The study on this new neural organoid technology, titled “Assessing Gq GPCR-induced human astrocyte reactivity using bioengineered neural organoids,” is published online in the Journal of Cell Biology. Krencik is the corresponding author, and Caroline Cvetkovic, Ph.D., is the first author.

“The ultimate goal is to recapitulate the functionality of the nervous system using organoids, and this study describes a next generation of that technology,” Krencik said. “Our new experimental procedure to produce the mature organoids is scalable, reproducible and much faster than previous techniques, taking weeks rather than months.”

Organoids are multicellular, 3D aggregates of cells created to simulate the structure and function of organs. These artificially generated mini organs enable scientists to investigate questions that would otherwise require probing an organ within the body. The organoids provide an edge over in vivo research with model organisms since the cellular aggregates for the organoids are derived from human stem cells, thereby retaining key characteristics of human tissue.

Traditionally, brain organoids are slowly developed from human pluripotent stem cells that differentiate into many of the cell types found in the human central nervous system. Some limitations of these organoids are that they contain a large number of cell types, including different subtypes of neurons, glial cells and non-neural cells in different states of maturity. Hence, studying the specific interactions between different cells poses a challenge.

“In the brain, synaptic connections between neurons develop and mature after astrocytes are born,” Krencik said. “Currently, using traditional methods, we have to wait several months for the astrocytes to spontaneously generate in the organoids.”

He added that even after the astrocytes appear, the organoids still take extensive time to show brain-like activity that is a hallmark of neural networks.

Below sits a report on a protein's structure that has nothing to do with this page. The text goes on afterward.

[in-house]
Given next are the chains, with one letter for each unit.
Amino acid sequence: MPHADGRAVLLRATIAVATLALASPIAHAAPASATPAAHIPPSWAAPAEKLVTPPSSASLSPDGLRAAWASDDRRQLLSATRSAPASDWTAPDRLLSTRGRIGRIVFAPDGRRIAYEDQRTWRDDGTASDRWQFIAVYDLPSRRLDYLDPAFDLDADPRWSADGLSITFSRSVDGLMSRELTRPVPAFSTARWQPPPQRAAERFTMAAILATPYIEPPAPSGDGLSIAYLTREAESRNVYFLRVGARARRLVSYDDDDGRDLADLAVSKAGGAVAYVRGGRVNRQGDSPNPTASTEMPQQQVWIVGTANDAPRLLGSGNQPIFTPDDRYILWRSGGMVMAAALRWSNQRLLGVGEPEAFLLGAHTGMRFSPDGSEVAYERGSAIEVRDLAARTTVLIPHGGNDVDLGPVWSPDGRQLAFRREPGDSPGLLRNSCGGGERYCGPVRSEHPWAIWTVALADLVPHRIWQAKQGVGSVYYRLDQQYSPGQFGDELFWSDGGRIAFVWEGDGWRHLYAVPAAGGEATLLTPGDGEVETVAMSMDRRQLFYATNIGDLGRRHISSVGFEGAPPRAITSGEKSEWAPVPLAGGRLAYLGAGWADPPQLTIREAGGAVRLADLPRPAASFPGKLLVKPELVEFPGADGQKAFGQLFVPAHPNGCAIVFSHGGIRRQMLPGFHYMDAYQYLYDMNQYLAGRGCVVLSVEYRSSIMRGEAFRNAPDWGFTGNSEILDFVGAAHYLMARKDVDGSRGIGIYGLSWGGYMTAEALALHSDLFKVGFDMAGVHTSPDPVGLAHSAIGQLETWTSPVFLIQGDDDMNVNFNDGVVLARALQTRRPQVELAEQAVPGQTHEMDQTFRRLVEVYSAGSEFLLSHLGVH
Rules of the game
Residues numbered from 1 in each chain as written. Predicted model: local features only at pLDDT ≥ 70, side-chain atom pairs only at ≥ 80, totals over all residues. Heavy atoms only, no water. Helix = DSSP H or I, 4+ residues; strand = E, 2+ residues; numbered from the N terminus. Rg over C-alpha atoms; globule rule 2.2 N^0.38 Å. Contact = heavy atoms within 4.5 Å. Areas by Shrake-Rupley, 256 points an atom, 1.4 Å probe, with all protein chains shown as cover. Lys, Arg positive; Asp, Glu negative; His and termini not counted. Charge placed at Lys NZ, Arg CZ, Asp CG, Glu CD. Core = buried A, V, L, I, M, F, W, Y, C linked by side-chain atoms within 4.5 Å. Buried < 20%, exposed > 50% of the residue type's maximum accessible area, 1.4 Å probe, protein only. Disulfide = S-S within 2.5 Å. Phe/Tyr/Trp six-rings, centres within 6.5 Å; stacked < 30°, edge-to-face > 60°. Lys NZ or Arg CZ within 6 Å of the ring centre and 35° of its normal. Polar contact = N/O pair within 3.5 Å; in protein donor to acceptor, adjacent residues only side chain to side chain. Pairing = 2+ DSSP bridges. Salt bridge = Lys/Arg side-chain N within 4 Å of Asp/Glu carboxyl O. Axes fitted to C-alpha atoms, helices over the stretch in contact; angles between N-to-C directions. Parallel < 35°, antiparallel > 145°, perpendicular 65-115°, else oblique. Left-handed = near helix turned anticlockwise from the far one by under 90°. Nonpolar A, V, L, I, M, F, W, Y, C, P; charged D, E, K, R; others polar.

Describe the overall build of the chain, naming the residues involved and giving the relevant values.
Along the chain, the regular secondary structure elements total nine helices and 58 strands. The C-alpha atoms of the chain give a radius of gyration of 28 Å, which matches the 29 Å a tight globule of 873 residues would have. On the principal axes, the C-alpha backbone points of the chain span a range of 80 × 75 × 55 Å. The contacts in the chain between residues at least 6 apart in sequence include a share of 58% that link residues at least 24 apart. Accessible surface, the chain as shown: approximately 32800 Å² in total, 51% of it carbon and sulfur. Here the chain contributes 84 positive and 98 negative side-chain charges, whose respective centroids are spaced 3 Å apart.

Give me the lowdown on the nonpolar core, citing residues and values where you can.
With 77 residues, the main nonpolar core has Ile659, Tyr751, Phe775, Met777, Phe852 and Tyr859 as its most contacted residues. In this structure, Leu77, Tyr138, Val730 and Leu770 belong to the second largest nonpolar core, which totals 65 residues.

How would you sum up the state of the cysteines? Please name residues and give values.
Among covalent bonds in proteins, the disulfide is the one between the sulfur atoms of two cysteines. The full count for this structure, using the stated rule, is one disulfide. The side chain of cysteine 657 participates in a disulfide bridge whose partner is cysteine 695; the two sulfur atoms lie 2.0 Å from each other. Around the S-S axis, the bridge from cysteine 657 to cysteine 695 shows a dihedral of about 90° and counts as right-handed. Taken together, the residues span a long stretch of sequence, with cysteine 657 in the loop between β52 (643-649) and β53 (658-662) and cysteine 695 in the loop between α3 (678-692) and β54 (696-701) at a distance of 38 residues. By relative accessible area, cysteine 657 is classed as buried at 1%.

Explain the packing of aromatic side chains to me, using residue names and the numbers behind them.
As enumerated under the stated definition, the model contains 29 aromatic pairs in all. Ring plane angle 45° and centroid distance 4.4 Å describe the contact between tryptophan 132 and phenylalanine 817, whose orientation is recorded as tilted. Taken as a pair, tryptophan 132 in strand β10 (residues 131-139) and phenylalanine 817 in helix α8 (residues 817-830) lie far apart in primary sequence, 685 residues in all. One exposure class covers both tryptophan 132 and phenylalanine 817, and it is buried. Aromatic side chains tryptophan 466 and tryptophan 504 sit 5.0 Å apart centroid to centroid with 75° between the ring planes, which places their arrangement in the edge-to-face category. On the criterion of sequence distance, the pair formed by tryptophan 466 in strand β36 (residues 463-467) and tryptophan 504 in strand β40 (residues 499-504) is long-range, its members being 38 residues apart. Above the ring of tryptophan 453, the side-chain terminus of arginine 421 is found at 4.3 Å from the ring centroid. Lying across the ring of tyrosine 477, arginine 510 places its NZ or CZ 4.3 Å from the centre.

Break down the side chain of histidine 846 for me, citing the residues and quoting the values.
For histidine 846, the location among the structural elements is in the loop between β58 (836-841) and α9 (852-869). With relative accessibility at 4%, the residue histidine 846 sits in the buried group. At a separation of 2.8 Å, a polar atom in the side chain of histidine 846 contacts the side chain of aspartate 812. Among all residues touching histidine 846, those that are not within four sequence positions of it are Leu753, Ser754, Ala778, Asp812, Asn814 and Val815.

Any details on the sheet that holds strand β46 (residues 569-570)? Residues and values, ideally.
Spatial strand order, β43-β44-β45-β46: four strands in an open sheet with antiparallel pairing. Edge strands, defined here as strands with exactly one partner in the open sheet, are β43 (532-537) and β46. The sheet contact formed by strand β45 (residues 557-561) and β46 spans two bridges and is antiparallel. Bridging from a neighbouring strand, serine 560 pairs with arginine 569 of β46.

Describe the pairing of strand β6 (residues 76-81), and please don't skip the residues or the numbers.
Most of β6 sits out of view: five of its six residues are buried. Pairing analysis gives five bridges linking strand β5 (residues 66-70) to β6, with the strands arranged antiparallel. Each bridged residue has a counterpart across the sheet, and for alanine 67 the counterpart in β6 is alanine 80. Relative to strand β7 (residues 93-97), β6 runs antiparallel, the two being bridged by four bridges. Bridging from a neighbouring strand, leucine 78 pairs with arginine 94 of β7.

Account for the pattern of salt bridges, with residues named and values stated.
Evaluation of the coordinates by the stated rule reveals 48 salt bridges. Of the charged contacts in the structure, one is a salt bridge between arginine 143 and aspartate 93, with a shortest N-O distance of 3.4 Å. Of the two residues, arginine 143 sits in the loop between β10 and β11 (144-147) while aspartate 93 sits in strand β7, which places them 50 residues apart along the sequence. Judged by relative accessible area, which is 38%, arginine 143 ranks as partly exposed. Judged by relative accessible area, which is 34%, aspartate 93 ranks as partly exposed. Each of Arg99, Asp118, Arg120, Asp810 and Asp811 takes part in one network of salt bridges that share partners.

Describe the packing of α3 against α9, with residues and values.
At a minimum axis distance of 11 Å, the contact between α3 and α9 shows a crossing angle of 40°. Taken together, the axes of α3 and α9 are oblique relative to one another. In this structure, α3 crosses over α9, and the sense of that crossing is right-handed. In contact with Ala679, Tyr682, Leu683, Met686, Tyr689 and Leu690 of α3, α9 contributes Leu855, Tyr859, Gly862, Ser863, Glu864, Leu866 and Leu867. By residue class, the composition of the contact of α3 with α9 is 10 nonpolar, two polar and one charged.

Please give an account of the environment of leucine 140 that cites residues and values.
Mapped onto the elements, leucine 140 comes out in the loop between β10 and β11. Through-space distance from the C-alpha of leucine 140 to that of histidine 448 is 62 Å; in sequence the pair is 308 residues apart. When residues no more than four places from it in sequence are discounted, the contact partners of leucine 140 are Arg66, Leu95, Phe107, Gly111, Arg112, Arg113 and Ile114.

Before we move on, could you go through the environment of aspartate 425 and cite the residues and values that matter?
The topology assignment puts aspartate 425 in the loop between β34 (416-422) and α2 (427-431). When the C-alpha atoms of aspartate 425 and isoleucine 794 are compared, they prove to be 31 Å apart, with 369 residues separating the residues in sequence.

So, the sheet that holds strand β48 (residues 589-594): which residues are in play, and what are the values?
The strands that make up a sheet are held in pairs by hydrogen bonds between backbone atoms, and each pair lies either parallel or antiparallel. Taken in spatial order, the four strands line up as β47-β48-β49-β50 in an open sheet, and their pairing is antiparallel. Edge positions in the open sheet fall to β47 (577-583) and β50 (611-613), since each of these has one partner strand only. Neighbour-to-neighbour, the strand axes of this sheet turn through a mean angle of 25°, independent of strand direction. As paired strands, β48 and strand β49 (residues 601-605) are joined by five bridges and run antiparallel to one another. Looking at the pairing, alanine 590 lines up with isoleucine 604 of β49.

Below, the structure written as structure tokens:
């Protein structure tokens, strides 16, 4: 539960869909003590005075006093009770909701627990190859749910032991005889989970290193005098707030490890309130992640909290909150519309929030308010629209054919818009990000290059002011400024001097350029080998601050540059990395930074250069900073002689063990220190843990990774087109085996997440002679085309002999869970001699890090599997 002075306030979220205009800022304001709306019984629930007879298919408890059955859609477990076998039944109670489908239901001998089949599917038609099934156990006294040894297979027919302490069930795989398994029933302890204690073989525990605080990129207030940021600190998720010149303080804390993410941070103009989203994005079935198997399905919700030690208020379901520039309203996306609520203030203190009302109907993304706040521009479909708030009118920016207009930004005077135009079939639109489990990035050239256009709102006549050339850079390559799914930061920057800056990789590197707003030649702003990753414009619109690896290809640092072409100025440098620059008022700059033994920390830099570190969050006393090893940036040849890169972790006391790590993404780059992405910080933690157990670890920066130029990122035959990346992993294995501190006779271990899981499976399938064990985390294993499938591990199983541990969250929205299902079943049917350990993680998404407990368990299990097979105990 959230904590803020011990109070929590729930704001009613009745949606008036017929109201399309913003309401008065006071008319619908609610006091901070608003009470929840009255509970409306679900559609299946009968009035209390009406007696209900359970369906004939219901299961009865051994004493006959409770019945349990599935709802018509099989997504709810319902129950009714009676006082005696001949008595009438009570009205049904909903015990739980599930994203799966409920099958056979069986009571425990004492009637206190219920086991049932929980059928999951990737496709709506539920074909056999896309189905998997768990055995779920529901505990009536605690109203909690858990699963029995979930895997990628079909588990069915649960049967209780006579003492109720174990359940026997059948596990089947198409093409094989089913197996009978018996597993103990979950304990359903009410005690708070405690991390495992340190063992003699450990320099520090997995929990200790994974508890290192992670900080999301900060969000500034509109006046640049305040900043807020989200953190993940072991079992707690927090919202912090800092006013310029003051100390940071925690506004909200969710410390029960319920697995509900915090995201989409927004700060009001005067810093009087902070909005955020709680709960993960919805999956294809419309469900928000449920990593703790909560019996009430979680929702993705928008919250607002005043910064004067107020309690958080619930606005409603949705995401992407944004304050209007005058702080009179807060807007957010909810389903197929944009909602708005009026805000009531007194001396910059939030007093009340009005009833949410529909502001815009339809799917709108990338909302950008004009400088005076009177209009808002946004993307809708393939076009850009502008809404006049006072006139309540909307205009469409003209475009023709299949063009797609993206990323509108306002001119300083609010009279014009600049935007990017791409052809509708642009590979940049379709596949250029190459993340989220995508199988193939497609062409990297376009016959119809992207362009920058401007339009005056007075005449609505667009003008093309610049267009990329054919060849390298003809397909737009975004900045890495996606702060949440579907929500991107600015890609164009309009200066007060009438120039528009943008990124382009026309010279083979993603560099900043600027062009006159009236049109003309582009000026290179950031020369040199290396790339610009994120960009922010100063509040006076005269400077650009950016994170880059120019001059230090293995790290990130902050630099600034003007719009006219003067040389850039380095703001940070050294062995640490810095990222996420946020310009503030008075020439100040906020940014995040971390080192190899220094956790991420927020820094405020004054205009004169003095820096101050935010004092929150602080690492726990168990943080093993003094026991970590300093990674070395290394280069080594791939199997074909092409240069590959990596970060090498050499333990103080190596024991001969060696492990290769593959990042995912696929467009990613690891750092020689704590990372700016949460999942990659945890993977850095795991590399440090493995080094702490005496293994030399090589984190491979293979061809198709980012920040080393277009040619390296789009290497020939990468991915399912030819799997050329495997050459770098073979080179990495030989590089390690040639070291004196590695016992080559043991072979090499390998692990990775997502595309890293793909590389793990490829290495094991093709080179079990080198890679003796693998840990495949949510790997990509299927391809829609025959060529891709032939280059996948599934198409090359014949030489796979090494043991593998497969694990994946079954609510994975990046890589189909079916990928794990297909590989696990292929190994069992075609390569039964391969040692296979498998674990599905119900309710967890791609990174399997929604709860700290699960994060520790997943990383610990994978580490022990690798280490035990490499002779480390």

Addressing these shortcomings, Krencik and his team incorporated bioengineering techniques to rapidly generate neural organoids with defined populations of neurons and astrocytes produced independently from human pluripotent stem cells before combining them together. The various forms of genetic manipulation they used allowed them to activate the astrocytes experimentally with a chemical rather than wait for the brain’s natural neurotransmitters to kick into gear, which is a more complicated, lengthier process.

“By using two different technologies to target each cell type, we could selectively activate either neurons or astrocytes,” Krencik said.

The researchers then combined the mature astrocyte and neuron cultures to make spherical organoids and then recorded their electrical activity. When they activated the neurons using blue light, they found they could evoke spikes from these cells to simulate electrical activity of neural networks in the brain.

The effect of stimulating the engineered astrocyte receptor with a chemical depended on whether the activation was acute or chronic. When the researchers activated the astrocytes for a few hours, the cells increased expression of a variety of genes, particularly those important for neurons to form synapses. When chronically activated, however, the astrocytes transitioned to a detrimental state reminiscent of neuroinflammation. This overactivation seems to reduce the viability of the neurons, but could be protected in more optimal conditions, indicating the external environment likely has an important role. Krencik said this could have implications for brain stimulation in the clinic, for example, where one has to be careful not to stimulate too much.

“Our all-inducible organoid system is a useful tool to not just understand interactions between neurons and astrocytes in the healthy brain, but also how these connections are altered by disease,” Krencik said. “An exciting application for this technology is drug discovery. It can be scaled up very quickly to make thousands of organoids at once that can then be used as a high-throughput testing platform for therapeutic drugs for different neurological diseases, including Parkinson’s, Alzheimer’s and cancers of the nervous system.”

This research is supported by grants from the National Institute on Aging of the National Institutes of Health (R21AG064567), the Mission Connect program of The Institute for Rehabilitation and Research Foundation (019-114), The Michael J. Fox Foundation for Parkinson’s Research (17871) and the Cancer Prevention and Research Institute of Texas (RP200655).

Other collaborators working on this study with Krencik and Cvetkovic, who is now with the University of Illinois at Urbana-Champaign, were Philip J. Horner, Matthew K. Hogan, Morgan Anderson, Nupur Basu and Arya Shetty with the Department of Neurosurgery at the Center for Neuroregeneration in the Houston Methodist Research Institute; Rajan Patel, Debosmita Sardar and Benjamin Deneen with Baylor College of Medicine; Samira Aghlara-Fotovat and Omid Veiseh with Rice University; Srivathsan Ramesh with UT Health; and Michael E. Ward with NIH’s National Institute of Neurological Disorders and Stroke.